Skills in the spotlight
This Labour Market Intelligence Partnership (LMIP) report looks at the outcome of its audit of a selection of government databases in assessing their relevance in skills planning, and at its recent report on the labour demand and skills trends shaping the employment landscape.
Database audit to improve skills planning information in South Africa
LMIP undertook a database audit in 20 government entities including national government departments, provincial government premiers’ offices, and local government authorities. The aim was to investigate the relevance of identified databases to skills planning, particularly on the demand side, as well as to assess options for integration with other databases.
The audit revealed that databases had different levels of relevance and usability. These included datasets that:
- Were relevant and immediately usable, such as the Quarterly
- Labour Force Survey, Quarterly Employment Survey and General Household Survey from Statistics South Africa.
- Were highly relevant and required some preparation, such as the Unemployment Insurance Fund database from the Department of Labour.
- Contained relevant variables but were currently undergoing validation and cleaning before they could be utilised, such as the population register in the Department of Home Affairs.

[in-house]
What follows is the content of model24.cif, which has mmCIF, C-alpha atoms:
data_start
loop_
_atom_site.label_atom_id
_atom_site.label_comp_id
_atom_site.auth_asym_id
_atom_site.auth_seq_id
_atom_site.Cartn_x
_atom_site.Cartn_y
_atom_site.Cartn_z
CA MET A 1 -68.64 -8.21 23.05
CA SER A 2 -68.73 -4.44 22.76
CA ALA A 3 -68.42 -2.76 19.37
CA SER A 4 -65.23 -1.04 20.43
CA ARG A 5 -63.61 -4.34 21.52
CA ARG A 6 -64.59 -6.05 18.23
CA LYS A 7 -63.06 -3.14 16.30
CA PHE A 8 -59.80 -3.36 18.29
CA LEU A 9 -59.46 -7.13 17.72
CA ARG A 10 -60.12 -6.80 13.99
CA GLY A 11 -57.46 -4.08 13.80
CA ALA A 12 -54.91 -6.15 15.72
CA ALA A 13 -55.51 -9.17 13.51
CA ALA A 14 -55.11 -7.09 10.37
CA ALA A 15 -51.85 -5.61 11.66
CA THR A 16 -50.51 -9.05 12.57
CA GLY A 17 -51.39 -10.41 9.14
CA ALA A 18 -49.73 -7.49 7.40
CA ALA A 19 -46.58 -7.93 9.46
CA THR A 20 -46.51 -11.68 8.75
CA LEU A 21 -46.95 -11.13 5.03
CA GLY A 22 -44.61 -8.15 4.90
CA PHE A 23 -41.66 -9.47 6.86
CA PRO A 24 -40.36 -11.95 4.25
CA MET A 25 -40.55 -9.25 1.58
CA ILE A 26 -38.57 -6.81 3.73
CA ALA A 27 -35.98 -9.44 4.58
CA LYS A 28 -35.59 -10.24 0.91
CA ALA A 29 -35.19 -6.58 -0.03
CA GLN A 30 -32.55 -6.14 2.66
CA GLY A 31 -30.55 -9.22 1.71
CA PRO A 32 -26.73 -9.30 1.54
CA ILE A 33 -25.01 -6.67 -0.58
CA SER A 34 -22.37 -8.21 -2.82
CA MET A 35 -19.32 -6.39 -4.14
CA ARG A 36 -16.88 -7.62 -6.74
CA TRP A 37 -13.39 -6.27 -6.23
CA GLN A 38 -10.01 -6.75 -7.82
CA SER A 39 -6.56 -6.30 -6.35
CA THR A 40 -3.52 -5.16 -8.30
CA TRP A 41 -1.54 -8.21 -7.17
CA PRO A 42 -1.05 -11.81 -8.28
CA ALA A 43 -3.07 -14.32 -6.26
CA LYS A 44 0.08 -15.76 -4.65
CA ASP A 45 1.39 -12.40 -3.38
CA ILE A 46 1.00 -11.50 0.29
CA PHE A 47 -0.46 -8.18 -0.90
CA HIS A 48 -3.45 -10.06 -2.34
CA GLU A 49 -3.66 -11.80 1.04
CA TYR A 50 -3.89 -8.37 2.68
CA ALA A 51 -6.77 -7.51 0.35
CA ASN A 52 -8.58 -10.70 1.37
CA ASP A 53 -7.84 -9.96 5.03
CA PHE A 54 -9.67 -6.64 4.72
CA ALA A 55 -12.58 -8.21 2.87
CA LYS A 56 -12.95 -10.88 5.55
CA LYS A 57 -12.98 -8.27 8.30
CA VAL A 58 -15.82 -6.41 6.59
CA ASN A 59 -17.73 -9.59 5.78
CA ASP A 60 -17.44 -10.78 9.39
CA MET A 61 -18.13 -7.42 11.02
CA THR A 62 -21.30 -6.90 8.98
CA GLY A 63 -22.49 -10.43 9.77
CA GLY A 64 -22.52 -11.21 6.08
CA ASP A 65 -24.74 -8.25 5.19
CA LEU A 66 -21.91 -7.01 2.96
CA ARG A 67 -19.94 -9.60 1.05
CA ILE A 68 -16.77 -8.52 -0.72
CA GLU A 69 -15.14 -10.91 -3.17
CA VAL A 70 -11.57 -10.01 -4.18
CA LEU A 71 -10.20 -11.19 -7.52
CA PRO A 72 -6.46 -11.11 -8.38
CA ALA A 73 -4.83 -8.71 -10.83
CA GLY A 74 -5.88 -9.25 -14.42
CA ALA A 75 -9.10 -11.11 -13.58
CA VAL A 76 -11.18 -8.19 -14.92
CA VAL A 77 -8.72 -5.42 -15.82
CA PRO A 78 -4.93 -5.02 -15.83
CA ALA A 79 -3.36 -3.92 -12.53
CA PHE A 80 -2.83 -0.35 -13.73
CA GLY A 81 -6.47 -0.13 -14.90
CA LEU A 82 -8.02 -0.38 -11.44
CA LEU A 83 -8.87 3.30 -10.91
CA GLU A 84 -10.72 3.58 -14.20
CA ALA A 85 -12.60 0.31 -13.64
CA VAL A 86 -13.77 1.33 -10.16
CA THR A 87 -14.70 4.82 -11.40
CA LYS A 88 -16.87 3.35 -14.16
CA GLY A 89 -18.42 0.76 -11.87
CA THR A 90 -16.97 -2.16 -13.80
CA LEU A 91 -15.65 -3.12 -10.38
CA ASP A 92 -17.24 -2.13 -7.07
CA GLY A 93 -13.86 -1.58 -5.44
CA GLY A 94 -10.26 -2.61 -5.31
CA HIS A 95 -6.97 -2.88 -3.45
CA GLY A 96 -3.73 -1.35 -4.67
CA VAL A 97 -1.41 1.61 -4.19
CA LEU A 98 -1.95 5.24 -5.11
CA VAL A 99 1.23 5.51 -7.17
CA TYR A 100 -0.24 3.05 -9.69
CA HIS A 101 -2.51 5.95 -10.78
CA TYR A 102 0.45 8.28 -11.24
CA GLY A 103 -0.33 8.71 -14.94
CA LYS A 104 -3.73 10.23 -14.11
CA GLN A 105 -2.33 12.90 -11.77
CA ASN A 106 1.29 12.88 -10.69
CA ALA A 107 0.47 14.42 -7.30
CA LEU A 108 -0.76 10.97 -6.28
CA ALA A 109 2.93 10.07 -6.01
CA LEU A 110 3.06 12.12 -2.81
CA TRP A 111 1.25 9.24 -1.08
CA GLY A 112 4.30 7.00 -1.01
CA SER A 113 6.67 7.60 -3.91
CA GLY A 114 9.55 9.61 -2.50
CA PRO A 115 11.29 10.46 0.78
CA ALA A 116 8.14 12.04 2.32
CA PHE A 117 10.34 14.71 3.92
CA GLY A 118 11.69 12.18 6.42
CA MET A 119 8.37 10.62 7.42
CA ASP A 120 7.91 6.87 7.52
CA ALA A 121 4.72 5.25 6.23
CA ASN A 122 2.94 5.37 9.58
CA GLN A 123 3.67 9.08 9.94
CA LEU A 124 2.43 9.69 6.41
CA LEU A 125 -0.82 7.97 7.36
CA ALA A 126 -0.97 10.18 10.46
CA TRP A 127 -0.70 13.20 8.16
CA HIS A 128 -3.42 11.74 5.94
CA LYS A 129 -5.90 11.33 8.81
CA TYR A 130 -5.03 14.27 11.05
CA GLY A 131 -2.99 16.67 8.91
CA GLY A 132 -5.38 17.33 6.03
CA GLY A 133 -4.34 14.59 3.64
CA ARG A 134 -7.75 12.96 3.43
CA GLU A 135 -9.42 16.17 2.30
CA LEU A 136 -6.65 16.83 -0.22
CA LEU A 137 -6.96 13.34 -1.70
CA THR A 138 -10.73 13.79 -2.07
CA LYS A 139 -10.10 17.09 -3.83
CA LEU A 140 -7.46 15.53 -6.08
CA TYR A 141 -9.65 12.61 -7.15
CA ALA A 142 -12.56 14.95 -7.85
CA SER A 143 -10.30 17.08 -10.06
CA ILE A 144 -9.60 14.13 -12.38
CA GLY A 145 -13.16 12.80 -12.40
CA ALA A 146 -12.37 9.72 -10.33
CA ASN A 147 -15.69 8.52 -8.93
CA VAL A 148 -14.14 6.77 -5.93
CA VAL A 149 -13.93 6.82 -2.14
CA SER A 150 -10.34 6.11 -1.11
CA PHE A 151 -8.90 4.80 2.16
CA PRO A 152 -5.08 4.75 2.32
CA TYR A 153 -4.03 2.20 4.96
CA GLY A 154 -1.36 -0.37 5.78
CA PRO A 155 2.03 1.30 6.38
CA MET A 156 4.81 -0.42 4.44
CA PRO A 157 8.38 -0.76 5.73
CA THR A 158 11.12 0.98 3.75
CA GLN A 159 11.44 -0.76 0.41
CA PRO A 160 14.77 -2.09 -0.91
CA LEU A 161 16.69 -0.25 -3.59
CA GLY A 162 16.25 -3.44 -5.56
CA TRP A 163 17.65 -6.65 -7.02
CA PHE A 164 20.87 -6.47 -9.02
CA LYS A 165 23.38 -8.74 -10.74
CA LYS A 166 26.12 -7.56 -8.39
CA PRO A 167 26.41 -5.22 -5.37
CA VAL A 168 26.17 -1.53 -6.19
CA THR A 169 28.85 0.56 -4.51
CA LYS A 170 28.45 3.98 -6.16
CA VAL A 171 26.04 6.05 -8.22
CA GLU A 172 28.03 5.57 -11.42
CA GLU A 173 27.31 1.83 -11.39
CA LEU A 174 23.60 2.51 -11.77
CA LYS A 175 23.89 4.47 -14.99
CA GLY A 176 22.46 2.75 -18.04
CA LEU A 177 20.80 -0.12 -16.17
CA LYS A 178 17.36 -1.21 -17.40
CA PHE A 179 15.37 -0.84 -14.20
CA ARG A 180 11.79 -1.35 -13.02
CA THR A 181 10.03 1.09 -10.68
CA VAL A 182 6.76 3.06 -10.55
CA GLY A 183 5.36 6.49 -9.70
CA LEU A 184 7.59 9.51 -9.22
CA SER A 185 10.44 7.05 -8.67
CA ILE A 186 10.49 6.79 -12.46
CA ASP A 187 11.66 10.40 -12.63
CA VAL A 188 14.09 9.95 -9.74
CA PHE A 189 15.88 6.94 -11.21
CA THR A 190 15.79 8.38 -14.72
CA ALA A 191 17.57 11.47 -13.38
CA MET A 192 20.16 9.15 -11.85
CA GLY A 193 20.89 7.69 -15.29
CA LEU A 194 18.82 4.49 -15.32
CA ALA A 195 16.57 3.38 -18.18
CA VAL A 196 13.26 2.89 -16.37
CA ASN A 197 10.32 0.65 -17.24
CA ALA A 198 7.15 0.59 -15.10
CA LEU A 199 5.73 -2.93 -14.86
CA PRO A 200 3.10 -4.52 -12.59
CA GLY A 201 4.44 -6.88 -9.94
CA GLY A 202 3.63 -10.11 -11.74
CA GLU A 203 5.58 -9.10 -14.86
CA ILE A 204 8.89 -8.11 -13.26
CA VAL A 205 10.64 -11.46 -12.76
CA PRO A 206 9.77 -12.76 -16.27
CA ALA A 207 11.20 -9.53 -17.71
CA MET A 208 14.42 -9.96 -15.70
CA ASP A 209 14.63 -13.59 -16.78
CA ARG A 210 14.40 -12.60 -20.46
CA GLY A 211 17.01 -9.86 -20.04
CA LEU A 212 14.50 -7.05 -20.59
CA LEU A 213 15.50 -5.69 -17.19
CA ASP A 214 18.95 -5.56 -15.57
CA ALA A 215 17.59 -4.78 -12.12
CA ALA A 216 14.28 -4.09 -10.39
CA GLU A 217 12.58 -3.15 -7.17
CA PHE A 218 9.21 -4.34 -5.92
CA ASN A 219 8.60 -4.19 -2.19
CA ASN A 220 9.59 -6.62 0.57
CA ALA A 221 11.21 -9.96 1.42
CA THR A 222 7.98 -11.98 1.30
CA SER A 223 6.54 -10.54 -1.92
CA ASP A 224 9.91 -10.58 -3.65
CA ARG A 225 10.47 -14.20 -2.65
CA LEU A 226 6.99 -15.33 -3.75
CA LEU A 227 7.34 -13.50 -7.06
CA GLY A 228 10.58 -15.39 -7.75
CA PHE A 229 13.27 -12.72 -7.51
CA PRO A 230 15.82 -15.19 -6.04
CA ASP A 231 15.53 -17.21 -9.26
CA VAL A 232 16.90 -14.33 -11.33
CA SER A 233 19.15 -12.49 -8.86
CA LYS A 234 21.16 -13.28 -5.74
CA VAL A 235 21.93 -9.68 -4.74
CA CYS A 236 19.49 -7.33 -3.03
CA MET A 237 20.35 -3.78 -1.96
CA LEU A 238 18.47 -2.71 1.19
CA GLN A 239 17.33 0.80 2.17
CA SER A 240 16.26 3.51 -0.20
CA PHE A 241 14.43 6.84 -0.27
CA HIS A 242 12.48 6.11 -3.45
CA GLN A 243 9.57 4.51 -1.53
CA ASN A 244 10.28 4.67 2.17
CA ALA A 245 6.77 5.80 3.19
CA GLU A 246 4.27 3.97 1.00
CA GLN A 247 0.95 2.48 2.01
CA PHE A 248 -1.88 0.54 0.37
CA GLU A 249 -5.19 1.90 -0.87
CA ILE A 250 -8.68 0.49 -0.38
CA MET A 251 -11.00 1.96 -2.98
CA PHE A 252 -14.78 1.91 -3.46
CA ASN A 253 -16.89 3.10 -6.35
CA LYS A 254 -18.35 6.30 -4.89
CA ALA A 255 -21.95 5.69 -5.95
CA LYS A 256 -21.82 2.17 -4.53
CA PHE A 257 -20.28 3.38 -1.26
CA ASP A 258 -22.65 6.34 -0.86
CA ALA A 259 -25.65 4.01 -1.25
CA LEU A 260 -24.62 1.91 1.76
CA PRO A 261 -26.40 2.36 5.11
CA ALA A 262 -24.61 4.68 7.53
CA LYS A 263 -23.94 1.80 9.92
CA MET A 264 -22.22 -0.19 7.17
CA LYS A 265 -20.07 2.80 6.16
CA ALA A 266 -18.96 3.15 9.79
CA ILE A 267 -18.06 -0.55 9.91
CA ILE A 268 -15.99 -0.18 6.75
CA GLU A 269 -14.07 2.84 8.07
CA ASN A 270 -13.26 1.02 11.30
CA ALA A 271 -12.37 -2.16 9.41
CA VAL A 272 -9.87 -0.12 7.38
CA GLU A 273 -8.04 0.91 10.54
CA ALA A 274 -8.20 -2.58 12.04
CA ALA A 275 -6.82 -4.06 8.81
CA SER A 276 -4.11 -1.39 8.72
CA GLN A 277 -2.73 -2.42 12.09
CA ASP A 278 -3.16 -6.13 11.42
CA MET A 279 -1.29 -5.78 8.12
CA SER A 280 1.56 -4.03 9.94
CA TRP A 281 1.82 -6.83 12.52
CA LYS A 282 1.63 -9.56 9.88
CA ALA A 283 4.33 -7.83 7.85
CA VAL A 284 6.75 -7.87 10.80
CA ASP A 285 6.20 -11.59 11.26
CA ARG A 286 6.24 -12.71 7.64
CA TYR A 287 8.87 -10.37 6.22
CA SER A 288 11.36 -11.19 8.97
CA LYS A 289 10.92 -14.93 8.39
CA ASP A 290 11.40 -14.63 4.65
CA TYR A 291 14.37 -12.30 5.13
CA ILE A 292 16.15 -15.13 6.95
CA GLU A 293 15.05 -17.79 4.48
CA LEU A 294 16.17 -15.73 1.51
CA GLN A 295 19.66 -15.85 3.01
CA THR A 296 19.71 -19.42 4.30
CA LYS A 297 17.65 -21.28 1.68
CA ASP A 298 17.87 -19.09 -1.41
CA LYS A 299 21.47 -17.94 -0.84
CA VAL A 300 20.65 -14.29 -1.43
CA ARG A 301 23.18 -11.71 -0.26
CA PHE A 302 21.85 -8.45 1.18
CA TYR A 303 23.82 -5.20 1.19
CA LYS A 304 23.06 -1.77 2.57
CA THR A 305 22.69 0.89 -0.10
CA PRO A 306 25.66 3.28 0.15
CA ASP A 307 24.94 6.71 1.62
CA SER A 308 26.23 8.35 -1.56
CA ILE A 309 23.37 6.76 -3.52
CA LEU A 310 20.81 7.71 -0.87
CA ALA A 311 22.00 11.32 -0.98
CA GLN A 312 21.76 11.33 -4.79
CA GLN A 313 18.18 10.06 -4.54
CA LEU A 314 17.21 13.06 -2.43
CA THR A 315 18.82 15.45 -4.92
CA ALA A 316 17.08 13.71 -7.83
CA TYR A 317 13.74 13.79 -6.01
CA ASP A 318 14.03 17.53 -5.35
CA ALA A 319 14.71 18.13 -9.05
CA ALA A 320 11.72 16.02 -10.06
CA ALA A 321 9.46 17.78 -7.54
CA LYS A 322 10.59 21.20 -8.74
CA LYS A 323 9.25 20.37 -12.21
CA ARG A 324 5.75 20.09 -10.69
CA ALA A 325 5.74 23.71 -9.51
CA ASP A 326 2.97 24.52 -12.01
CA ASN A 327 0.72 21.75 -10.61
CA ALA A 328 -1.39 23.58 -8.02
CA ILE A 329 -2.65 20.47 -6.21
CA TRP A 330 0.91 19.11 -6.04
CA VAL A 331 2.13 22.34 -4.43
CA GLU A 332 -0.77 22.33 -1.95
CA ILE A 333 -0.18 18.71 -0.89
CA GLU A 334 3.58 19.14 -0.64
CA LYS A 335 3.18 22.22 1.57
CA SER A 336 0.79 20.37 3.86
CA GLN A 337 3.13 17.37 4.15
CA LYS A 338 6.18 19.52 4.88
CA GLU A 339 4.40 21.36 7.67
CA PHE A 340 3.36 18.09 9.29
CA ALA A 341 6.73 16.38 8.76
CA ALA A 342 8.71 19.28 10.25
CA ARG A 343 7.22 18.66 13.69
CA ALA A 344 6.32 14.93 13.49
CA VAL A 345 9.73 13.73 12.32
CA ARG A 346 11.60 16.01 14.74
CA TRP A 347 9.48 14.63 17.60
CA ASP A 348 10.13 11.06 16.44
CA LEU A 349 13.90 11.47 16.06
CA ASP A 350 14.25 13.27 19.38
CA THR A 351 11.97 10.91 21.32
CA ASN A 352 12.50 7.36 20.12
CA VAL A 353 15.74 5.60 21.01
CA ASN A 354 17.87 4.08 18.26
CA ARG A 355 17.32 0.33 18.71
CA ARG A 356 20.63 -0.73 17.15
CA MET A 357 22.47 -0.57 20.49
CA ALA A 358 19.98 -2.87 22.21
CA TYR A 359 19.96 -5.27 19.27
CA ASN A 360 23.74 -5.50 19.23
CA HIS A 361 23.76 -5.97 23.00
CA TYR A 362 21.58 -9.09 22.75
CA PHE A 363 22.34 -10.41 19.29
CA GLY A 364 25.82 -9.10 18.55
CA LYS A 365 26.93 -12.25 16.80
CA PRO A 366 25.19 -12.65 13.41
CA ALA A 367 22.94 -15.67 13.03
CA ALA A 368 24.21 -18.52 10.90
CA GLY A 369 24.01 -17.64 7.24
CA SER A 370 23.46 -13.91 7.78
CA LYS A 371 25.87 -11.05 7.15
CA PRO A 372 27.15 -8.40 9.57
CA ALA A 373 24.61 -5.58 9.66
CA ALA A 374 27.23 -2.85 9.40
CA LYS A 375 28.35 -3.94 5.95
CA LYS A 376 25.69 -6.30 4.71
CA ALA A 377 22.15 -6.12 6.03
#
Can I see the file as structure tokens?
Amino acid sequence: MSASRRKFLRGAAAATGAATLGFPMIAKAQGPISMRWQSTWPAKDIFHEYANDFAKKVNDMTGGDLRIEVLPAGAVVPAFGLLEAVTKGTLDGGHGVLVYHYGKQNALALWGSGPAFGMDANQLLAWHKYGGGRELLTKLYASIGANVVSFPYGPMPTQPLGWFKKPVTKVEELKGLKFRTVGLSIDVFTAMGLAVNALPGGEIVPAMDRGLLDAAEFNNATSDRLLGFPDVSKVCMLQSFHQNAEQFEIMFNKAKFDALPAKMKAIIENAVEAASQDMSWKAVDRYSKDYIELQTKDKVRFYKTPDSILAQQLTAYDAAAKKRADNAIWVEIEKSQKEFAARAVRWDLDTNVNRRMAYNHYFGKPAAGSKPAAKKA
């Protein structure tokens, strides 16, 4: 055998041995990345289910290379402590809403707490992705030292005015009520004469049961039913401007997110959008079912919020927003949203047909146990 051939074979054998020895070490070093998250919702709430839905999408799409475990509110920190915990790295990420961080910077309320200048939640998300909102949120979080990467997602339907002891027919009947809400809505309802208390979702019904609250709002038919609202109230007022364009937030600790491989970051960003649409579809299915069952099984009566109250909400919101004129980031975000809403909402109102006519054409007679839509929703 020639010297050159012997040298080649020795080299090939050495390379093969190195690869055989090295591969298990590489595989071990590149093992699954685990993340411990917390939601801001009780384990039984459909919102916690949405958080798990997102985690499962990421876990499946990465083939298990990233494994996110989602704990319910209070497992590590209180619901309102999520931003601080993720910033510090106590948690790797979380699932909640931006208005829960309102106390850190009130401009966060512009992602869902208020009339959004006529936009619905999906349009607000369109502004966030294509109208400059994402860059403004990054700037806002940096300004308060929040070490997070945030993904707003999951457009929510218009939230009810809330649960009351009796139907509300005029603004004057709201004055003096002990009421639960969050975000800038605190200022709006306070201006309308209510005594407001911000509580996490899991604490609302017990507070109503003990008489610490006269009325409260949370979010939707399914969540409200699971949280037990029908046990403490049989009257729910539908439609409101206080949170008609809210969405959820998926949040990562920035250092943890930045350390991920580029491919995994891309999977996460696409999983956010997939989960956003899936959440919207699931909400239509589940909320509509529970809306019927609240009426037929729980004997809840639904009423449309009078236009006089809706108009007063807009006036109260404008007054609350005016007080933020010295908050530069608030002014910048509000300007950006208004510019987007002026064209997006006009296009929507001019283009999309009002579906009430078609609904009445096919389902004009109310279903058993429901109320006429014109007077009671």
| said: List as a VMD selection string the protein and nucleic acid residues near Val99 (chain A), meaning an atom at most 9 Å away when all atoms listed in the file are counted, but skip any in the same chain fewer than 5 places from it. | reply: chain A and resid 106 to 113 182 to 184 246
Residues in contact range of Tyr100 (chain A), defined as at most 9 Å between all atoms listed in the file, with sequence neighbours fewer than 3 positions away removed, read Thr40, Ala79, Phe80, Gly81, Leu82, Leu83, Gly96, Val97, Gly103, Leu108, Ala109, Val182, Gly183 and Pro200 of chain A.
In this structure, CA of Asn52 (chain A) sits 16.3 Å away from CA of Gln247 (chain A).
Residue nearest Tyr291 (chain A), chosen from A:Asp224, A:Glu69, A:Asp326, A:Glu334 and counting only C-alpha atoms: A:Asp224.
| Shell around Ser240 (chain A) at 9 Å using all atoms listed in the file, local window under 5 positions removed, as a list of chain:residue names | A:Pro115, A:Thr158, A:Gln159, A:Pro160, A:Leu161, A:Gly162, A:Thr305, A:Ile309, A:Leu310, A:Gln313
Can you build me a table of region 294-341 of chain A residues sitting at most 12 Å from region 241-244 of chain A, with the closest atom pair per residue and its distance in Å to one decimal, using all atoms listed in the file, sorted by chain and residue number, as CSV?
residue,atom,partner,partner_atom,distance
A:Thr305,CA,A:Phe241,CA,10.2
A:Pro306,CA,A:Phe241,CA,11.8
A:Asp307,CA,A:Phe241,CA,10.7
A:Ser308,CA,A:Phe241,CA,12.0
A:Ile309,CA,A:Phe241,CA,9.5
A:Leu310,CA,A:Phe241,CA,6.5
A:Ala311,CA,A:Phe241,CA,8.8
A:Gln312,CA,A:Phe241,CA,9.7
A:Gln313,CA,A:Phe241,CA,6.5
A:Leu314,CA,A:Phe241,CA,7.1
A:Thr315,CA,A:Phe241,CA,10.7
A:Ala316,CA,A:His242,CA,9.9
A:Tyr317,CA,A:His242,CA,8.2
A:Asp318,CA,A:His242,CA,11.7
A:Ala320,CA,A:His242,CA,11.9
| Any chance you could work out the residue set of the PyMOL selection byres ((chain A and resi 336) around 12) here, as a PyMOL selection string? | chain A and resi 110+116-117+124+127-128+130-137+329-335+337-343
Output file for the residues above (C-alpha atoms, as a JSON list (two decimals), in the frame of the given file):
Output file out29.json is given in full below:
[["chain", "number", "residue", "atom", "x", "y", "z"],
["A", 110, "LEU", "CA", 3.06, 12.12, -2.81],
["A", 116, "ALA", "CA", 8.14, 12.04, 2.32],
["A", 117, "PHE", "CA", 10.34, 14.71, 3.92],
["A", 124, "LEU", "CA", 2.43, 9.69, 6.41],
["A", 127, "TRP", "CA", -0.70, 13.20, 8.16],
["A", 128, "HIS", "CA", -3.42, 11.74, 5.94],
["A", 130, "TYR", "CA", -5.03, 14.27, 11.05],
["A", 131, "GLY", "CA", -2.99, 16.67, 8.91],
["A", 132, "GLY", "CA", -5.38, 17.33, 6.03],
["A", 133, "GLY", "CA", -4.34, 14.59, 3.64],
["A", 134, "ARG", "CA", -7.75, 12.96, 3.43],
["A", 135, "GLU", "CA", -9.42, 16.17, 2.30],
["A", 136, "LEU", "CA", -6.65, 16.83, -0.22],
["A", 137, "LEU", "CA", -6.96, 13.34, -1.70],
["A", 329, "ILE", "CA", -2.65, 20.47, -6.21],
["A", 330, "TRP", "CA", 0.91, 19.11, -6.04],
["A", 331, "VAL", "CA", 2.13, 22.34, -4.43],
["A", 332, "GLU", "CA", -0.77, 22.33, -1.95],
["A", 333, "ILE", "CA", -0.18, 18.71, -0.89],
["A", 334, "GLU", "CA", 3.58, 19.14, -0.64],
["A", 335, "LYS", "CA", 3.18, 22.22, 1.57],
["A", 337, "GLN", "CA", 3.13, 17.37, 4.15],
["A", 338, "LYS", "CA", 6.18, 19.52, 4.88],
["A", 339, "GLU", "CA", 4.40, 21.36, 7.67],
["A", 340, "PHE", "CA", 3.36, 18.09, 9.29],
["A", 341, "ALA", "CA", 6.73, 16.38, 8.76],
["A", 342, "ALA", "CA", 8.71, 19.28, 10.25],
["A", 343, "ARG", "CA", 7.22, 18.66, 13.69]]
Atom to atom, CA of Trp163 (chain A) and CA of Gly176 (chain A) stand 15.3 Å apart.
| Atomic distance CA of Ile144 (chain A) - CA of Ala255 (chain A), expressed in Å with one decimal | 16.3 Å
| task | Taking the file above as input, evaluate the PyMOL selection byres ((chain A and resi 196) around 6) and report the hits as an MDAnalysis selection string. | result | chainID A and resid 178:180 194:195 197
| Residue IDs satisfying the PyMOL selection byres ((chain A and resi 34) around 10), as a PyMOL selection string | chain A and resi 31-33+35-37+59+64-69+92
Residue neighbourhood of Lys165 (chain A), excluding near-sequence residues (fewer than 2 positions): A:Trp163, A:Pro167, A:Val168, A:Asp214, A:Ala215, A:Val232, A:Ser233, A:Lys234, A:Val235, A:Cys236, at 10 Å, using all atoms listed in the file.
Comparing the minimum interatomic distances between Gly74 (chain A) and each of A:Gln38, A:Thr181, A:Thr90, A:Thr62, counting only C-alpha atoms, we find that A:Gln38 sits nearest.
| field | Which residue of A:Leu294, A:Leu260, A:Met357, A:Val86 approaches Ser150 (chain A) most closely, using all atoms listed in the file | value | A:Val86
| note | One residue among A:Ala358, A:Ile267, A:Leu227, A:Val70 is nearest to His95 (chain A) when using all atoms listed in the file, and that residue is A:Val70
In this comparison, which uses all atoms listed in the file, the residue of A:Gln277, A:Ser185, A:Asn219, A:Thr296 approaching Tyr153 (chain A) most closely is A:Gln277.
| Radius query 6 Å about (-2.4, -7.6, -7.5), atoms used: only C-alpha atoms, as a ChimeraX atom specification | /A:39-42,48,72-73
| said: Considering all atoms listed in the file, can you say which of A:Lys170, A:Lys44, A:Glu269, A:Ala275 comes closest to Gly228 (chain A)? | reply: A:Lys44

- Were in the early stages of evolution and would require further development (e.g. in terms of completeness) before they could be used, such as a new farmer database in the Department of Agriculture, Fisheries and Forestry.
The audit found there was a need for the Department of Higher Education and Training to pursue collaboration and implement memoranda of agreements to formalise database development and sharing with other government entities, which would lead to broadening the base of data available for skills planning.
New LMIP report unpacks current labour demand and skills trends
Occupational shifts and shortages: skills challenges facing the South African economy is the title of a recent LMIP report that examines labour demand trends and returns to skills (i.e. wages) during the 2000s. The key finding is that global competition, increasing capital intensity and technological change, along with primary sector job losses, have all contributed to greater skills intensity in employment over the period.
The effect of this has been a rise in relative wages of more highly-skilled workers and increased pressure on the relative wages of those in occupations that are more vulnerable to these forces.
This confirms the view that the current growth path exacerbates the mismatch in the skills profiles of labour demand and supply, and reinforces inequality.
Unemployment cannot be effectively addressed without a significant reorientation of the growth trajectory towards activities and sectors that demand lower skilled workers.
Where employment and remuneration have been under particular pressure – in routine work and onsite occupations
– a range of policies may be required to support job creation, with a focus on improving training in these lower- and middle-tier occupations essential to coping with competitive and technological pressures.